MVC begins DRI review of Girl Scout camp
A public hearing by the Martha's Vineyard Commission (MVC) to review the plans for a new Girl Scout camp building on the scouts' property off Middle Road begins tonight at 9:30 pm at the Tisbury Senior Center on Pine Street.
In preparation for reviewing the project as a development of regional impact (DRI), last Thursday John Breckenridge, Oak Bluffs commissioner, and Kathy Newman, Aquinnah commissioner, MVC staff members, and neighbors from abutting properties met Tenney Lance, Girl Scout Council director of administration, at the camp for a site visit.
The Girls Scouts established their camp about 50 years ago. They are proposing to demolish their existing 900-square-foot, three-season lodge and replace it with a 1,996-square foot building that can be used year-round.
Part of the old camp building consists of an old garage, to which a rectangular room in the middle and a small room at the other end were added. The plywood floors inside are worn and uneven, with weakened areas that sag noticeably when walked upon. Problems with rodent infestation in the crawl space and dampness in the building have resulted in a musty, moldy odor permeating the rooms. A brick fireplace in the main room is unusable. The kitchen sink and showers are located on the outside of the building.
As an educational non-profit organization, the Girl Scouts' proposed camp project was exempt from requiring a special permit by the town of Chilmark and from a zoning board of appeals hearing.
Although the project would not have triggered review as a development of regional impact (DRI), the Chilmark selectmen referred it to the MVC as a "discretionary referral." Selectman Chairman J.B. Riggs Parker said the board felt the MVC process was the only way to provide a forum for discussion, particularly for the abutters. The MVC voted in favor of reviewing the Girl Scout project as a DRI at a meeting on June 22.
During last week's site visit, architect Doug Ulwick, who drew up the plans for the new Girl Scout building, provided drawings showing three possibilities for placing the new building on the site. The first choice for him and the Girl Scouts would have placed the camp building so that the play area surrounding it would measure 15,000 square feet.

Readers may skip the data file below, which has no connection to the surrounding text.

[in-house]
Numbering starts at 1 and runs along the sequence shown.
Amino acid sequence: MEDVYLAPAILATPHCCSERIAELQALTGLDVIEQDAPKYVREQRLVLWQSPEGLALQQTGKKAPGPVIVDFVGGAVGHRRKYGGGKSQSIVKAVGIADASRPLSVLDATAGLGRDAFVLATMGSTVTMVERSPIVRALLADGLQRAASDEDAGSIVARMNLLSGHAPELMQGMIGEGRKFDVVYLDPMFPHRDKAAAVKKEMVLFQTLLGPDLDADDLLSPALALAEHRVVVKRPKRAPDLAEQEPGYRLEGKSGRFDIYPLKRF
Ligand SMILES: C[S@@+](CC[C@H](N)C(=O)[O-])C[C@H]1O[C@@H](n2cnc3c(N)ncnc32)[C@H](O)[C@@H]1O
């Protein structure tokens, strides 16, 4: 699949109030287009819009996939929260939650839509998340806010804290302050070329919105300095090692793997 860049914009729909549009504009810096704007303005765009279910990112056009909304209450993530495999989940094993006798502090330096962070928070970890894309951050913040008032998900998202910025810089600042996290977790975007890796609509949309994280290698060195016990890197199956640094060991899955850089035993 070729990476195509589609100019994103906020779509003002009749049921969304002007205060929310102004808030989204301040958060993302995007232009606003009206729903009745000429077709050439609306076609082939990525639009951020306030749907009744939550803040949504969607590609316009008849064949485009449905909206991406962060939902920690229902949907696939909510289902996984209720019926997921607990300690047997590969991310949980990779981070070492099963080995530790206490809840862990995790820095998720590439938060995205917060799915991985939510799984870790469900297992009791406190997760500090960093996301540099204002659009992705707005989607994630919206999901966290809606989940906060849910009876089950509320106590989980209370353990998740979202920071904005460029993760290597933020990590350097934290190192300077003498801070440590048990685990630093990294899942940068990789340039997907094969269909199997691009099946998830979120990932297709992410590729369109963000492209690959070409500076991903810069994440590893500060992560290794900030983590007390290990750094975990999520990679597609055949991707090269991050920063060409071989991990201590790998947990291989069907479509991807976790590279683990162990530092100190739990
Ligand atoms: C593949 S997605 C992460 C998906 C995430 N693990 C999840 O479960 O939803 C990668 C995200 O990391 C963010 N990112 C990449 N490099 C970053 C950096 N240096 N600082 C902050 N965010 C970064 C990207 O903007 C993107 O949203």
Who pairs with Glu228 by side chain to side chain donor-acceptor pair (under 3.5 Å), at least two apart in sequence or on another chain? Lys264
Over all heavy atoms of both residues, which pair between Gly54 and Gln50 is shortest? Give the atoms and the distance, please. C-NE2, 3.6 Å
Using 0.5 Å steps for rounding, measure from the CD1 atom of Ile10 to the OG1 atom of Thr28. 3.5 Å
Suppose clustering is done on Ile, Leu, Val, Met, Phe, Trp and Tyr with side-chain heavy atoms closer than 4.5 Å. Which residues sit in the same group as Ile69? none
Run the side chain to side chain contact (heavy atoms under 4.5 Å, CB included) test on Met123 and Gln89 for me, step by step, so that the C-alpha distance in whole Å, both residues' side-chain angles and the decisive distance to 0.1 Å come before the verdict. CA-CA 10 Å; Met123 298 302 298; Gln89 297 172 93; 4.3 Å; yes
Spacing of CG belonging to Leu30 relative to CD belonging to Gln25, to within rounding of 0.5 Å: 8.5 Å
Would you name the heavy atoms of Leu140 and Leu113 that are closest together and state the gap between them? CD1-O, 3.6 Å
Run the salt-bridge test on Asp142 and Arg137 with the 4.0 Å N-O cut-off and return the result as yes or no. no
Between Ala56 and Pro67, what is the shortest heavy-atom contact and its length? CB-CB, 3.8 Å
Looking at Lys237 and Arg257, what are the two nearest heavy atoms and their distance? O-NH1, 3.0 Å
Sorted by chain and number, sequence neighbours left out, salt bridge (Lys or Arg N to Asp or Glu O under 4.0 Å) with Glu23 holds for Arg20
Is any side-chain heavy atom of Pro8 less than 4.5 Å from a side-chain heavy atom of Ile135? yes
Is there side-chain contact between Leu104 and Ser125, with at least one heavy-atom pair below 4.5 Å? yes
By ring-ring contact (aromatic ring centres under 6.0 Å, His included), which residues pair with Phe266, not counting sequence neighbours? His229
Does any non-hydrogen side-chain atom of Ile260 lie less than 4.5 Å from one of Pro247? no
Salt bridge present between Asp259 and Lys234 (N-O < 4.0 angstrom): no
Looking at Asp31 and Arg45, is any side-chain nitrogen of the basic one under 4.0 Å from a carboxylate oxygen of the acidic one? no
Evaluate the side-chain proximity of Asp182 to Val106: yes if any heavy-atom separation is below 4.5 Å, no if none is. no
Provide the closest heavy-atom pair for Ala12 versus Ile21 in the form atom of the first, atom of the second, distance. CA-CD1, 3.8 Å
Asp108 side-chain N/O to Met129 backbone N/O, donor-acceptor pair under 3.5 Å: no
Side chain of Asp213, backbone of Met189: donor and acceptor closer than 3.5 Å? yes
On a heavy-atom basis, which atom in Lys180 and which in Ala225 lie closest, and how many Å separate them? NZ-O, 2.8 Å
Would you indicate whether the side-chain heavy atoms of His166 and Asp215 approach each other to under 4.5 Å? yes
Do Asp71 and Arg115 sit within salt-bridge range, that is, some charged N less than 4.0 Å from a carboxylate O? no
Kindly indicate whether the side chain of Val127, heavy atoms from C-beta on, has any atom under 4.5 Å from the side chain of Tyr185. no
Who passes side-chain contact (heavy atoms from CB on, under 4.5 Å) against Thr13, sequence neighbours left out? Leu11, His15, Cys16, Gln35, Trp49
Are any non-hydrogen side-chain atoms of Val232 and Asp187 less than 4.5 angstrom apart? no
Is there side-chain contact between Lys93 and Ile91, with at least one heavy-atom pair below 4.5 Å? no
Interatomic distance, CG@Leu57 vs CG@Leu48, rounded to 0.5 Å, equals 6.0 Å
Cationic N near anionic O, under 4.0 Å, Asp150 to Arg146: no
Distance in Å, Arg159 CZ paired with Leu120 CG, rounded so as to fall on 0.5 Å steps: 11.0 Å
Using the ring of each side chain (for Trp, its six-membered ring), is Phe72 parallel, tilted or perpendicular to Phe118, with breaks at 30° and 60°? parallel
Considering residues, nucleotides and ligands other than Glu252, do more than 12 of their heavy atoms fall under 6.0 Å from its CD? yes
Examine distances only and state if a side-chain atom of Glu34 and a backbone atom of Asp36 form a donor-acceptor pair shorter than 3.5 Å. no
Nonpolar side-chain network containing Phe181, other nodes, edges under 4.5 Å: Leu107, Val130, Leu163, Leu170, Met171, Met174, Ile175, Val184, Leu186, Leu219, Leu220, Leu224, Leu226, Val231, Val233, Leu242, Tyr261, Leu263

However, attorney Eric L. Peters, who represents abutters Robert Fokos, William and Emily Meegan, and Donald Nitchie, said by retaining the large play area, the plan maximizes disruption to the neighbors.
Instead, he and Mr. Fokos argued in favor of an alternate plan, which would push the building closer to Mr. Fokos's property so that it would act as a sound barrier for a play area located on the other side.
Mr. Meegan, who serves on Chilmark's planning board and lives on the opposite side of the camp from Mr. Fokos, agreed. "It's not the issue of the building; it's the issue of the activities around the building," he told Mr. Peters.
Ms. Lance said she was willing to compromise, but explained that her reluctance in moving the camp towards Mr. Fokos's property was based on the cost of having to move the septic tank.
Mr. Meegan also requested that Ms. Tenney consider moving two of four tent platforms, located up on a slight hill closest to his property. She had reservations about moving the tents, because it is easier to supervise all of them when they are closer together, she explained.
The Girl Scouts observe camp rules against noise between 10 pm to 7 am. However, Mr. Meegan said he had to reprimand the girls twice the previous Sunday when they were giggling and telling jokes in their tents after 10 pm. He said the noise from the tents closest to his house carries, and it sounds like the girls are right under his bedroom window, disrupting his family's sleep. Ms. Lance agreed to consider his request.
Mr. London commended Mr. Meegan, Mr. Fokos, and Ms. Lance for hashing out some of their differences before tonight's meeting, and added with a smile that he would not mind at all if their efforts shortened the hearing's duration considerably.